Contents of the JHA for Facility Safety & Managing Hazards Webinar:
- Top Safety Issues
- OSHA’s Top Ten
- Identifying Hazards with JHA
- What Tasks Need a JHA?
- Describe the Task
- Identify the Hazards
- Choose Controls to Protect Workers
- Addressing Hazards with the Hierarchy of Controls
- Implementing Visual Solutions
- Clear and Standardized Signage
- Signal Words and Sign Categories
- Message Content
- Moving Forward
Excerpt from the JHA for Facility Safety & Managing Hazards Webinar transcript:
Identifying Hazards with JHA
One of the best tools for spotting and resolving safety problems in a workplace is the Job Hazard Analysis, or JHA. This is a detailed description of the work that needs to be done and the hazards that could be involved in that work. Ideally, a JHA should be completed before any work begins; if you’re coming into an existing facility, you may need to track down older documentation.
Often, one person can create a JHA with input from others, but they can also be created as a team effort. However you decide to do your JHAs, there’s a simple four-part process to follow:
1. choose a task,
2. describe it in detail,
3. identify the hazards of that task,
4. and choose protective controls that will keep your workers safe.
The result of a JHA is a decision about how to proceed safely, so that result needs to be written down and acted on. The JHA itself doesn’t solve the problem — but it will help you find the right solution.
What Tasks Need a JHA?
First, you need to identify which tasks you’re going to cover with a JHA. Especially if the process is new to your facility, there will be way too many tasks for you to cover them all at the same time. Prioritize the jobs that involve the highest chances of injury, and work your way down the list as time allows. A good place to start is that OSHA Top Ten list we covered earlier.
The next step is to look at your facility’s history. Have any tasks resulted in injuries before? Are some hazards already known, and has anything been done about those hazards?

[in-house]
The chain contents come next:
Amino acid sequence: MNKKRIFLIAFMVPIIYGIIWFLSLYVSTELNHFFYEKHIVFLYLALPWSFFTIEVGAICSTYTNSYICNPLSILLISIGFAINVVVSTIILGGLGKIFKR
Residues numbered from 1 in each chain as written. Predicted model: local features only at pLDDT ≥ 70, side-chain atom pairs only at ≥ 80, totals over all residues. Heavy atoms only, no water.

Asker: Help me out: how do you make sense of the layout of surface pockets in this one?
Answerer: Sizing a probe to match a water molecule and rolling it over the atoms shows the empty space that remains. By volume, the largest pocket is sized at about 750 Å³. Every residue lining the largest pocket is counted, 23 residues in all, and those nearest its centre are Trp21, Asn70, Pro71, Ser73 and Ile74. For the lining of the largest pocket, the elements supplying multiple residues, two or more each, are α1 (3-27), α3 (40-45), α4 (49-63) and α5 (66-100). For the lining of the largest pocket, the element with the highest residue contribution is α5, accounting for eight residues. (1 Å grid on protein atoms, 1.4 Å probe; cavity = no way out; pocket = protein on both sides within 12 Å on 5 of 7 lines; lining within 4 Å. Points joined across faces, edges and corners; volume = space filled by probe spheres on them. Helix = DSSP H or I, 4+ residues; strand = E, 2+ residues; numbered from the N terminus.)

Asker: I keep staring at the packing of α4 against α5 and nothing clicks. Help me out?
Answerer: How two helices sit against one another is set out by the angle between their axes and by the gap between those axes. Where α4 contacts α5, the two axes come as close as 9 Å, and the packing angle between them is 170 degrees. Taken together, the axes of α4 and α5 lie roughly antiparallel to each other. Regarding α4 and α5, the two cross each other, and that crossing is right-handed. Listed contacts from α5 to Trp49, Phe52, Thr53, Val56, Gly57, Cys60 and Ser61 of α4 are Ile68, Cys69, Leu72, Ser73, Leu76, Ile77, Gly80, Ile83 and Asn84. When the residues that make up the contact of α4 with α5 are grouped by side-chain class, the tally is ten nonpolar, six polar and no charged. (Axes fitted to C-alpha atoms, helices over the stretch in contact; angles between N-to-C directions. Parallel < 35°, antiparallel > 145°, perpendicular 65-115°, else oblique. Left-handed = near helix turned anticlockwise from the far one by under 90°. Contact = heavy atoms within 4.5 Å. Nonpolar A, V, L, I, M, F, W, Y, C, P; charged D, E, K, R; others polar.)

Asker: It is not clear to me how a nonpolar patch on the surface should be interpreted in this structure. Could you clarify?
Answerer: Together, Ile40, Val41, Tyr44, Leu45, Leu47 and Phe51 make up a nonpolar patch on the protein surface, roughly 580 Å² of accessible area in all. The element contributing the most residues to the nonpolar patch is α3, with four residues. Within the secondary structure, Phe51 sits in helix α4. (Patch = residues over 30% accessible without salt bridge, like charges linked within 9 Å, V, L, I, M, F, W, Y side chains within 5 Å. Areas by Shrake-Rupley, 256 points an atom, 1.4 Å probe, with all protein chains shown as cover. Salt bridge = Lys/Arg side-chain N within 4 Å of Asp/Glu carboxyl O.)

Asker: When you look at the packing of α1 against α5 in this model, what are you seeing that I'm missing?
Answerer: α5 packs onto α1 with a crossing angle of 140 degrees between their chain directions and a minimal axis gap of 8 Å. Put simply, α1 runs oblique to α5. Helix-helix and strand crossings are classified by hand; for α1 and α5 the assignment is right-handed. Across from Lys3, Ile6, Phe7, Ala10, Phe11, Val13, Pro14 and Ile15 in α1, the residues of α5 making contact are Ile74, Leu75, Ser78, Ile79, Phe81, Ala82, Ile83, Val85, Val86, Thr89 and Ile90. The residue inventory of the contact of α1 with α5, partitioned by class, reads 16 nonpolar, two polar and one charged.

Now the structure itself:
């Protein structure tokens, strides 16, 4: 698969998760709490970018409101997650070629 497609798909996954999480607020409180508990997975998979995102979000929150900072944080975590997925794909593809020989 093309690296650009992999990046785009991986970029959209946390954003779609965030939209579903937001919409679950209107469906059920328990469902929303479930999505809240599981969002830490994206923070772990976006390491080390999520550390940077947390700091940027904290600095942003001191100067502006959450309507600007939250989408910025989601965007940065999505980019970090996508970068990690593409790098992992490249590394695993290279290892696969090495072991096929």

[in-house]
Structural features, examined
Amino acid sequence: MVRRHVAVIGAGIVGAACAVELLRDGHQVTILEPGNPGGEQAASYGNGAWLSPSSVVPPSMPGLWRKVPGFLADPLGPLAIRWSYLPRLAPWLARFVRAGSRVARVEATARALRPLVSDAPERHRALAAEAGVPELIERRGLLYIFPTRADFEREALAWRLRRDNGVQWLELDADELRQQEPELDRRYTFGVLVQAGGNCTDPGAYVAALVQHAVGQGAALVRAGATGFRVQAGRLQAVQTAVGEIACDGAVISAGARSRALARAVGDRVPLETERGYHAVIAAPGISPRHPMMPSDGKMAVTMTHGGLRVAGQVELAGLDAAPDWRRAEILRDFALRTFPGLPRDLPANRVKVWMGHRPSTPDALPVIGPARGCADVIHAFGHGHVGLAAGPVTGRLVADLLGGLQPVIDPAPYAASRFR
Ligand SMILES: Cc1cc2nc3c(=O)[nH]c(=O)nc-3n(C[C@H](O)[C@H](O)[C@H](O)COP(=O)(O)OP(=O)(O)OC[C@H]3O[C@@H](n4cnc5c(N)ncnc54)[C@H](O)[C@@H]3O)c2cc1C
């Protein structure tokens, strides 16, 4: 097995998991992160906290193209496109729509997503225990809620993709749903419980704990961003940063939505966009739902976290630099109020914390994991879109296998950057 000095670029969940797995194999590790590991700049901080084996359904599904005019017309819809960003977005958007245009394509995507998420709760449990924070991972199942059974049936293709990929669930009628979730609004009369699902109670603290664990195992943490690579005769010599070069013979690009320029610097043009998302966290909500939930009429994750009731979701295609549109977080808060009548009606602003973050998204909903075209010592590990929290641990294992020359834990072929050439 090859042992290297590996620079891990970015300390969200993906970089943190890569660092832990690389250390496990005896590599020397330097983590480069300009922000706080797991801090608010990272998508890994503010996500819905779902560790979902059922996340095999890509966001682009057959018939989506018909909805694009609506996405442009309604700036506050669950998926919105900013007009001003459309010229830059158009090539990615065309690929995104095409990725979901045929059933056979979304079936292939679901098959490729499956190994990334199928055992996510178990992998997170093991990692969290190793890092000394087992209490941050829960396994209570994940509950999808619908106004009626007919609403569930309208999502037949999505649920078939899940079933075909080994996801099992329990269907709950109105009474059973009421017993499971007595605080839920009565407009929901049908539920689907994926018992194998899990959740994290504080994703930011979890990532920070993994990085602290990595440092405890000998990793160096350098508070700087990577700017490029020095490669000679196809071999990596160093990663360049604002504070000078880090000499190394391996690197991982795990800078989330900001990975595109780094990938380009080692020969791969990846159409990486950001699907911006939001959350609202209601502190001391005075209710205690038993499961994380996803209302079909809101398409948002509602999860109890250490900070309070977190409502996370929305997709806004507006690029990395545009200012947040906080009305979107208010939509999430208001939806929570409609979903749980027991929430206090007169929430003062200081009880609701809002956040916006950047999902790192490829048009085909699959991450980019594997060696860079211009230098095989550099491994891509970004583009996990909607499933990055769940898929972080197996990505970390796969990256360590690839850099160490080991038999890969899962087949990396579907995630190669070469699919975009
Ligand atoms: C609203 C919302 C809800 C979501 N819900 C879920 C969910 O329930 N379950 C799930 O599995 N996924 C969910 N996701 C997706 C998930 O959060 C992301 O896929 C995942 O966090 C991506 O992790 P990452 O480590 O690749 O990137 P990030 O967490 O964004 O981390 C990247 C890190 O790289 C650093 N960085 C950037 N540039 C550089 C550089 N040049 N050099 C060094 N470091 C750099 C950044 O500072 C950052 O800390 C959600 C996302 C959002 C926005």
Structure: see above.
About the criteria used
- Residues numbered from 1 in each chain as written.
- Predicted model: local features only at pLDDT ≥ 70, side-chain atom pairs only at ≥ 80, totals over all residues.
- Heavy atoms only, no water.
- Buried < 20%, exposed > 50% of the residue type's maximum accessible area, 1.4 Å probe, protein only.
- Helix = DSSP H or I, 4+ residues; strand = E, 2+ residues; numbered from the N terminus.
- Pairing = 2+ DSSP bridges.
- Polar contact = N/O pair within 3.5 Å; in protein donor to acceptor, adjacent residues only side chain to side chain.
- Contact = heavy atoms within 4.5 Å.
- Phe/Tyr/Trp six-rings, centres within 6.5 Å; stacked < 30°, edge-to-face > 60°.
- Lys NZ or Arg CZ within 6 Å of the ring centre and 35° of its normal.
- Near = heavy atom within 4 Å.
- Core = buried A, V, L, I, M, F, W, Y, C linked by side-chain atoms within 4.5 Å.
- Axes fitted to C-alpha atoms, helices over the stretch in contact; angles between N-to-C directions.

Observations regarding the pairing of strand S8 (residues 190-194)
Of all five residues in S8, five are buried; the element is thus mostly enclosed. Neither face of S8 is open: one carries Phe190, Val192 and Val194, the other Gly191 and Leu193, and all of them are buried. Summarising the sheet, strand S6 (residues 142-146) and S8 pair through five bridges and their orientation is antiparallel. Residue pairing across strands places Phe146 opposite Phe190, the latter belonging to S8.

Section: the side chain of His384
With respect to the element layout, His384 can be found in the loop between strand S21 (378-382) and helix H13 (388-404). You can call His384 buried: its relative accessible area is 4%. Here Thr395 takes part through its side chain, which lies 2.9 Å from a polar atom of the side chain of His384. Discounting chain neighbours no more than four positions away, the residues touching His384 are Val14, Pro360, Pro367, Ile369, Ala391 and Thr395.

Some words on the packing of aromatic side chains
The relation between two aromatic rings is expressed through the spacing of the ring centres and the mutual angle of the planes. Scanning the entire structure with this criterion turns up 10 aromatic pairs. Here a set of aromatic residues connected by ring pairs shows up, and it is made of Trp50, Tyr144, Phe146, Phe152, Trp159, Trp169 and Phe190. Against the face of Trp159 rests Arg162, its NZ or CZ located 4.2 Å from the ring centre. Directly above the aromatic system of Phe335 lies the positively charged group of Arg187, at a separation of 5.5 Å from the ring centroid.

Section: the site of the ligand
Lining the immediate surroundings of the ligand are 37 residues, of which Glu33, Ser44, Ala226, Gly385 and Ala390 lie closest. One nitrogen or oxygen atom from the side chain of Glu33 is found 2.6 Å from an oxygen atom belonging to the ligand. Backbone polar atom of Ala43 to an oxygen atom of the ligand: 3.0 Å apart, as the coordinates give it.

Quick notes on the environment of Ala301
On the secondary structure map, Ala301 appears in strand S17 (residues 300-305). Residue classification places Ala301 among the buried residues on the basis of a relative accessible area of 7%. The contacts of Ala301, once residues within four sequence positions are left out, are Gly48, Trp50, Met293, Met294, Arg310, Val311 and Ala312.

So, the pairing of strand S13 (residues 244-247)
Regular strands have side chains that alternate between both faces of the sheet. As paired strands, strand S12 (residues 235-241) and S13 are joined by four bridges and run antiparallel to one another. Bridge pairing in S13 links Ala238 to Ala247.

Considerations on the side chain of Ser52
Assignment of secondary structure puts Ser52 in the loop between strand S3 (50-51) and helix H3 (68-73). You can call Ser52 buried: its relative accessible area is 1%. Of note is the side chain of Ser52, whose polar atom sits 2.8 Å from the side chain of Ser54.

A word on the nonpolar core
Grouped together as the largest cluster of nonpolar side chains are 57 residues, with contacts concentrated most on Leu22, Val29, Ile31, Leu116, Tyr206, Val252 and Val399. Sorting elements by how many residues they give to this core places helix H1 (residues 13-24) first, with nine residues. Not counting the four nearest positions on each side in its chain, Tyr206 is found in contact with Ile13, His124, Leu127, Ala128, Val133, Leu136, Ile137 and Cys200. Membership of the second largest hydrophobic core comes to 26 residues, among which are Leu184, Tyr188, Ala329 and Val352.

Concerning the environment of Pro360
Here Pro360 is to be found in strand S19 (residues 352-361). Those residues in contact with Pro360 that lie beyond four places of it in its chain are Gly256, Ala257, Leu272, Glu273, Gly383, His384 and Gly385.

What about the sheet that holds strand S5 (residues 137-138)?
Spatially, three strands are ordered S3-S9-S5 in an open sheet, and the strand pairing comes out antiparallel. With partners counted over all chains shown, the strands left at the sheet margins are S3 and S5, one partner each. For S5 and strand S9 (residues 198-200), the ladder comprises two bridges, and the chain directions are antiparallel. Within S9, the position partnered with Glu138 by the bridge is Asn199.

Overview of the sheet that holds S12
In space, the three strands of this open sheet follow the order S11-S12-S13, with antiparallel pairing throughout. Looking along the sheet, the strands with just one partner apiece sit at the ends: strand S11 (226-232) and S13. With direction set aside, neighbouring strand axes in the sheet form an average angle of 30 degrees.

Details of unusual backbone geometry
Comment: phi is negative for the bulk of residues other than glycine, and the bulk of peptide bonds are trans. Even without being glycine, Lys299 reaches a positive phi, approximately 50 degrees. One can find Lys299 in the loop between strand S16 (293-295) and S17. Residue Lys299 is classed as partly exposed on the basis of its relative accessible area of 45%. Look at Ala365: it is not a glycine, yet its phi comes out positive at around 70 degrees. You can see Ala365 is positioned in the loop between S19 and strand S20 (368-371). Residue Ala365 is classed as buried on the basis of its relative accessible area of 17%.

You’ll also need information about what’s being done on the ground level — the real work, being done by real people in your workplace. Get input and involvement from your workers. Which tasks seem dangerous to them? Have there been any near-misses? Are there unwritten rules that are followed for safety, even though they aren’t part of a formal procedure?
When you finish this process, you should have a list of tasks to analyze. If it’s a long list, don’t panic — just start with the most serious hazards, and work your way down.
Describe the Task
Each Job Hazard Analysis should focus on a single task, and the first step in the analysis will be to describe that task. This can start very simply, with a name for that task, like “battery testing” or “casing assembly.” But don’t stop there; the details are important.
• What work is being done?
• Who does this task, where, and when?
• What tools or equipment are involved?
• What are the steps of the task?
Write down all of these details so they can be referred to later. If your description gets so long that it’s hard to manage, you may need to split the task into several smaller parts, and do a JHA for each part.
Identify the Hazards
Now that you’ve covered the “Job” part of the Job Hazard Analysis, the next step is to talk about the “Hazard.” What could go wrong, hurting an employee? Again, write down these details.
There are three parts to this description that you’ll need to include:
• The potential source of injury or damage, such as a raised work platform or a high-pressure gas system. (Technically, this is the “hazard.”)
• An event (or “trigger”) that allows the hazard to result in real harm, such as a pressure valve in the gas system blowing out, or a worker falling from the platform.
• The consequences of that event, including the type and seriousness of any injuries or damage. Falling injuries can be very serious, for example — they’re the most frequent cause of workplace fatalities.
Be sure to consider any contributing factors. Outdoor work will be affected by weather, for example.
Assign Controls to Protect Workers
At this point, you should have a clear idea of what’s being done and how that could lead to injury. Think about the work being done, and the hazards, triggers, and consequences associated with that work. The next step in a JHA is to create and apply controls that reduce the chance of injury.
Whatever controls you decide to implement, you’ll want to write down your decisions. Documented steps can then be included in training for your workers, and the effects of those steps can be tracked over time. But first, you need to make effective choices for those controls. Let’s talk about that process.
To learn how to use the Job Hazard Analysis (JHA) to manage workplace hazards and keep your facility's workers safe, watch the full webinar on demand now!